How about a marriage challenge? This would involve having a bride and her bridegroom record their wedding and upload it on YouTube video. They would challenge their closest friends to do the same in a year, failure to which they would have to donate items to a children's home of their choice.

The idea would work well because a good number of people have been made to believe that the way to show love and compassion to the less fortunate is by buying bundles of unga (flour) and numerous sacks of maize and having them ferried to a children's home.

The 'philanthropists' would use the opportunity to take photos with the beaming children, happy that someone cares and thinks about them. If the donors have a high standing in the society, the photos would find their way to business pictorials in newspapers to publicise their latest CSR activities – an act of branded kindness.

Of course before you see the PR photos on the newspapers, they would first be uploaded on their Facebook pages for all to see the 'philanthropists' looking out for the welfare of the needy.

The other challenge that the partners would be expected to overcome in marriage would to have a drama-free marriage for one year. The couple would not be allowed to engage in marital squabbles even when they rub each other the wrong way.

They would be penalised for discussing their domestic quarrels outside their home. The husband would be prohibited to rant at his wife for spending more than Sh25,000 on a pair on shoes, money meant to pay rent for their two-bedroom apartment. They would only be free to discuss the issue after one year has elapsed.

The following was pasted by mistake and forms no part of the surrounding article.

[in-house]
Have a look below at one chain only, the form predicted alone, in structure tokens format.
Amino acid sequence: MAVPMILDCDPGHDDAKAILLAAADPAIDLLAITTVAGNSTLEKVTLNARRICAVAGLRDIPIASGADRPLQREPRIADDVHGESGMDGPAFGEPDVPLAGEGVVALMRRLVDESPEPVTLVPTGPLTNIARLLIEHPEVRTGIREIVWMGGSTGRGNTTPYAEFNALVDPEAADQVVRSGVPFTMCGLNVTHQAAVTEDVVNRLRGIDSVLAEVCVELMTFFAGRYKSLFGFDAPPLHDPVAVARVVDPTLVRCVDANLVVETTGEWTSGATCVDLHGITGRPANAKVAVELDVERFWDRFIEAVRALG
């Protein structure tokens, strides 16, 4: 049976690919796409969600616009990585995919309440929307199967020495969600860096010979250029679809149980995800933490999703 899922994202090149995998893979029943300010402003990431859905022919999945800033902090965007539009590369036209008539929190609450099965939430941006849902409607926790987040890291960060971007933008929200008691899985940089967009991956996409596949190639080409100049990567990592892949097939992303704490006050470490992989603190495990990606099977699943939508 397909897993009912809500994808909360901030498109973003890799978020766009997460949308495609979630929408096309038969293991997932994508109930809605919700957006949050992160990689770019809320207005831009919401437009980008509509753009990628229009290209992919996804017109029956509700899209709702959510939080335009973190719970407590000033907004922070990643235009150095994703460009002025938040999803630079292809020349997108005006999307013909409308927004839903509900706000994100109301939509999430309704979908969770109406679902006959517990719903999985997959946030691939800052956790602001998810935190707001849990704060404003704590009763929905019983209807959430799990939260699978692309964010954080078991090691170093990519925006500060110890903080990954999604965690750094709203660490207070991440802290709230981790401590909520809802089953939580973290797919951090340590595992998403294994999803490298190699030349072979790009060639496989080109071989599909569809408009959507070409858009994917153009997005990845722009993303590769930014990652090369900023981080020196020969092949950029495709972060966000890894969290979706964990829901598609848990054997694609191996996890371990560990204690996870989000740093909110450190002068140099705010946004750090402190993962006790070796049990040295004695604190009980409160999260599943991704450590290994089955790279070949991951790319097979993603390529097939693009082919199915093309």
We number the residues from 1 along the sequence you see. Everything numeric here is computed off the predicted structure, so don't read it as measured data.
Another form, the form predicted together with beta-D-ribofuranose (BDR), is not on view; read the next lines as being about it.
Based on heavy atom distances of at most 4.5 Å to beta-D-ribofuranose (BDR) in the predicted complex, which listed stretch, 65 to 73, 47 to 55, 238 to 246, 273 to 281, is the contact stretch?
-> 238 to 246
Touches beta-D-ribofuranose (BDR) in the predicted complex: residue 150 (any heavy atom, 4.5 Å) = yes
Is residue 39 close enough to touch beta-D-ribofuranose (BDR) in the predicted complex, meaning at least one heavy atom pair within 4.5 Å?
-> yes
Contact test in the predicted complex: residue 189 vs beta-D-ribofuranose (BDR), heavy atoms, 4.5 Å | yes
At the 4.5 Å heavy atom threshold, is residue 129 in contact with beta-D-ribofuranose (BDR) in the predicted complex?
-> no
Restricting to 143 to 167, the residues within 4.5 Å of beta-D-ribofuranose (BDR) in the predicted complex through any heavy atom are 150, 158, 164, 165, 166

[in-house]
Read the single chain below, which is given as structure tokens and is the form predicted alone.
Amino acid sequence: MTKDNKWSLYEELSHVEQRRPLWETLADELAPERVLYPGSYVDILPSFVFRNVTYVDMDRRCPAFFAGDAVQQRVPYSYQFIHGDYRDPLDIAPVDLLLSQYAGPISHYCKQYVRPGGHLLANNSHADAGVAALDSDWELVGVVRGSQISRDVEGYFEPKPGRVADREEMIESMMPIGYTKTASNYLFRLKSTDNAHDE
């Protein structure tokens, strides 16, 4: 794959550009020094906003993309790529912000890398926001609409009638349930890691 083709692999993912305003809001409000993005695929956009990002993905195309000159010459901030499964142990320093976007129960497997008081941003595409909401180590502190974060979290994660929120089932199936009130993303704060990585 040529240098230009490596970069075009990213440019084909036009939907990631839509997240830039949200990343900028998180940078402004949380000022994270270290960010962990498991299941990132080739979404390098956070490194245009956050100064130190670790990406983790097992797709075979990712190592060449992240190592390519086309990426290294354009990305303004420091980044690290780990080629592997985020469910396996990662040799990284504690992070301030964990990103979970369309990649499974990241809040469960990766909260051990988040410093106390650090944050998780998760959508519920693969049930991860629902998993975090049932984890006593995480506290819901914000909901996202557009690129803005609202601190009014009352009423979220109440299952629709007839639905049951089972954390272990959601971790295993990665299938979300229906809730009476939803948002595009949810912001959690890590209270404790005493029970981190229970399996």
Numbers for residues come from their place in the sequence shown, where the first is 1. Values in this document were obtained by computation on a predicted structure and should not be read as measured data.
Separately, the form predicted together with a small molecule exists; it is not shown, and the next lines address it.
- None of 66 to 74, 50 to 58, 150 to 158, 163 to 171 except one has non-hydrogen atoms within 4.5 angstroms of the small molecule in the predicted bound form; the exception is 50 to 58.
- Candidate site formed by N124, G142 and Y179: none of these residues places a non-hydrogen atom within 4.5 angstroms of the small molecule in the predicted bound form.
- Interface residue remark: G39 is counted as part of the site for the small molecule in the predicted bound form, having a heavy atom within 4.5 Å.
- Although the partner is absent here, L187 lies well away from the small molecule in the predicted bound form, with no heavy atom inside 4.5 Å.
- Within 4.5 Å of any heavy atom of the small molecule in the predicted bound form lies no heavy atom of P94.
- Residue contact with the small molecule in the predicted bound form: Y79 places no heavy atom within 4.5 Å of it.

Should the husband decide to wear his Arsenal or Gor Mahia jersey to a wedding, and insists that his wife accompanies him, his wife would not be expected to raise a complaint.

Not even when her husband, who would be following match updates on his phone, shouts as the ceremony is going on, after his favourite team scores a goal.

Should the wife decide to change her hairstyle from her natural look to the flowing weaves worn by Vera Sidika or trim her hair like Lupita Nyong'o, the man would not be expected to say a word – not even if his wife looks like an alien in her new look.

Should the husband decide to hang out at the Florida 2000 (a joint mostly frequented by college students) on a Sunday afternoon for a jam session to rejuvenate himself, his spouse would not be allowed to make noise about it until an year is over.